TOKYO — Grilled by opposition lawmakers as approval ratings for his Cabinet sink, Japanese Prime Minister Shinzo Abe on Monday repeated his denials that he misused his influence to help a friend in a growing favoritism scandal.

The questioning outside parliament’s ordinary session, a rare occurrence, underscores the ruling Liberal Democrat party’s eagerness to regain public trust.

Abe is expected to reshuffle his Cabinet soon, after seeing public approval sink following various scandals and his party’s railroading of unpopular legislation.

Monday’s questioning was over allegations that Abe intervened to help a friend, Kotaro Kake, gain approval to open a veterinary school in western Japan.

During the session in the lower house of parliament, Abe said he only sought reforms for the sector and did not directly get involved in the decision on Kake’s application.

“I only instructed to speed up efforts for the deregulation reforms. I have never issued instructions on specific cases,” Abe said.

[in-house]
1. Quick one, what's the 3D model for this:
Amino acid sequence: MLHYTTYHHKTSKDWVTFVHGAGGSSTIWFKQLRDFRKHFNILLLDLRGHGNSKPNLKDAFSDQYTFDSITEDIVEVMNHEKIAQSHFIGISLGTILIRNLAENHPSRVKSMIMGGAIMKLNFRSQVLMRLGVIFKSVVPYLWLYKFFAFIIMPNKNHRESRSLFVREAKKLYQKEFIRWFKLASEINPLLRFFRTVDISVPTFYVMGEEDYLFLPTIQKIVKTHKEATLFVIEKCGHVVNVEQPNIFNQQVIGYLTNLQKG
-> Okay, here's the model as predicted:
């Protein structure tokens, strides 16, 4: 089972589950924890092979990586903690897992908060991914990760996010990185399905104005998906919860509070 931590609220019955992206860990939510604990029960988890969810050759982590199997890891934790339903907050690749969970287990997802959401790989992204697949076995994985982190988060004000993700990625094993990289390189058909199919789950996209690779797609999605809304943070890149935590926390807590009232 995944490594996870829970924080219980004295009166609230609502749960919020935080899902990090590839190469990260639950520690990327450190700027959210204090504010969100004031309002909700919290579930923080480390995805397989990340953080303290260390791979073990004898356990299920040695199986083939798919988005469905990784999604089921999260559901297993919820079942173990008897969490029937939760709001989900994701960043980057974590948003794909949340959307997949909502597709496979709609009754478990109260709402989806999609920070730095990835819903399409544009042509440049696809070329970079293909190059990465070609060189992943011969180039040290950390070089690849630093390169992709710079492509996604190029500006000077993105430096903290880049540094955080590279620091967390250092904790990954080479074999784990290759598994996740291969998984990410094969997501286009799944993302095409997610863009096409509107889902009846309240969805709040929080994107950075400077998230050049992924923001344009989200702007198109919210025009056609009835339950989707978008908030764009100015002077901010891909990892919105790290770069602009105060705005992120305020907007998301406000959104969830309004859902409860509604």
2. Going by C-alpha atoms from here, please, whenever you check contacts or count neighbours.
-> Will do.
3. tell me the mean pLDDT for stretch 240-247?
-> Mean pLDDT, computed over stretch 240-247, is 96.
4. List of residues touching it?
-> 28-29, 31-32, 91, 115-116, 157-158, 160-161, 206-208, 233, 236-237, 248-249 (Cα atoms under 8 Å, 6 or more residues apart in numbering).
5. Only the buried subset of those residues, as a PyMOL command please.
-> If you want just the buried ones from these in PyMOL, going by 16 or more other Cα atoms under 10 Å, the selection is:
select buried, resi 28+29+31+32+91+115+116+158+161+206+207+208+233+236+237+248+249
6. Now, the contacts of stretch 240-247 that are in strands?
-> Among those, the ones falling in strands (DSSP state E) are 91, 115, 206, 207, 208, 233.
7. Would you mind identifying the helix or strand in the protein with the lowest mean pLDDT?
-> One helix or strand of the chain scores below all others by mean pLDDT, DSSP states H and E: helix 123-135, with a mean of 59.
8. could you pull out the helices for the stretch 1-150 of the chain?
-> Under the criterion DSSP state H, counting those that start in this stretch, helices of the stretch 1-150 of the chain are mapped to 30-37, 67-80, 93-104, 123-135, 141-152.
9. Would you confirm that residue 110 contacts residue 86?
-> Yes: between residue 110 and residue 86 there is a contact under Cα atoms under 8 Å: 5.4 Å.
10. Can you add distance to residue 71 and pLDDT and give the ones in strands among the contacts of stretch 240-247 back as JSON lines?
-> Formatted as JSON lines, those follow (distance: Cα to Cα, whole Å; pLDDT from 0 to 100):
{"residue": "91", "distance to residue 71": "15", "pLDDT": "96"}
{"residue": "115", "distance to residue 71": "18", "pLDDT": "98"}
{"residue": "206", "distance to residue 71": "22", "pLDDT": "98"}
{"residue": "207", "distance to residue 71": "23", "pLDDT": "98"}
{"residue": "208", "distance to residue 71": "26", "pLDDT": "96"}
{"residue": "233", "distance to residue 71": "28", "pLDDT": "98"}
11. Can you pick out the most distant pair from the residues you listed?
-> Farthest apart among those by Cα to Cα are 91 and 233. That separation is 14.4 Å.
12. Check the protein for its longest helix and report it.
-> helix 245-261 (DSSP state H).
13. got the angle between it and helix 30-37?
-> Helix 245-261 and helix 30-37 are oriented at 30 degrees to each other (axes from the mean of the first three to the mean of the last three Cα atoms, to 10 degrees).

The school scandal erupted after a whistleblower and former top education ministry bureaucrat, Kihei Maekawa, came forward to say that Abe’s office had had significant influence over the school’s approval. Scores of ministry documents showed the alleged instruction to approve Kake’s application came from the “top levels” of the Prime Minister’s Office, Maekawa said.

Given the lack of significant center-left alternatives or strong rivals within his party, Abe’s tenure as prime minister is not under immediate threat.

Abe, in his second stint as prime minister, is getting the message that he might have to tread a bit more softly in pushing for some of his top political priorities, such as revising Japan’s war-renouncing constitution.

The Liberal Democrats suffered a symbolically damaging loss in Tokyo city assembly elections in early July. On Sunday, their candidate lost a closely watched mayoral election in Sendai, in northern Japan.

During the questioning Monday, Abe acknowledged that Kake, director of a major education organization, was a friend even before he became a lawmaker in 1993. But he said Kake has not tried to tap Abe’s position or influence to obtain preferential treatment and did not discuss with him his plans to open a new veterinary school in Imabari, in western Japan.

Kake’s desire to open such a school was not secret: The application had been repeatedly denied by past administrations for years.


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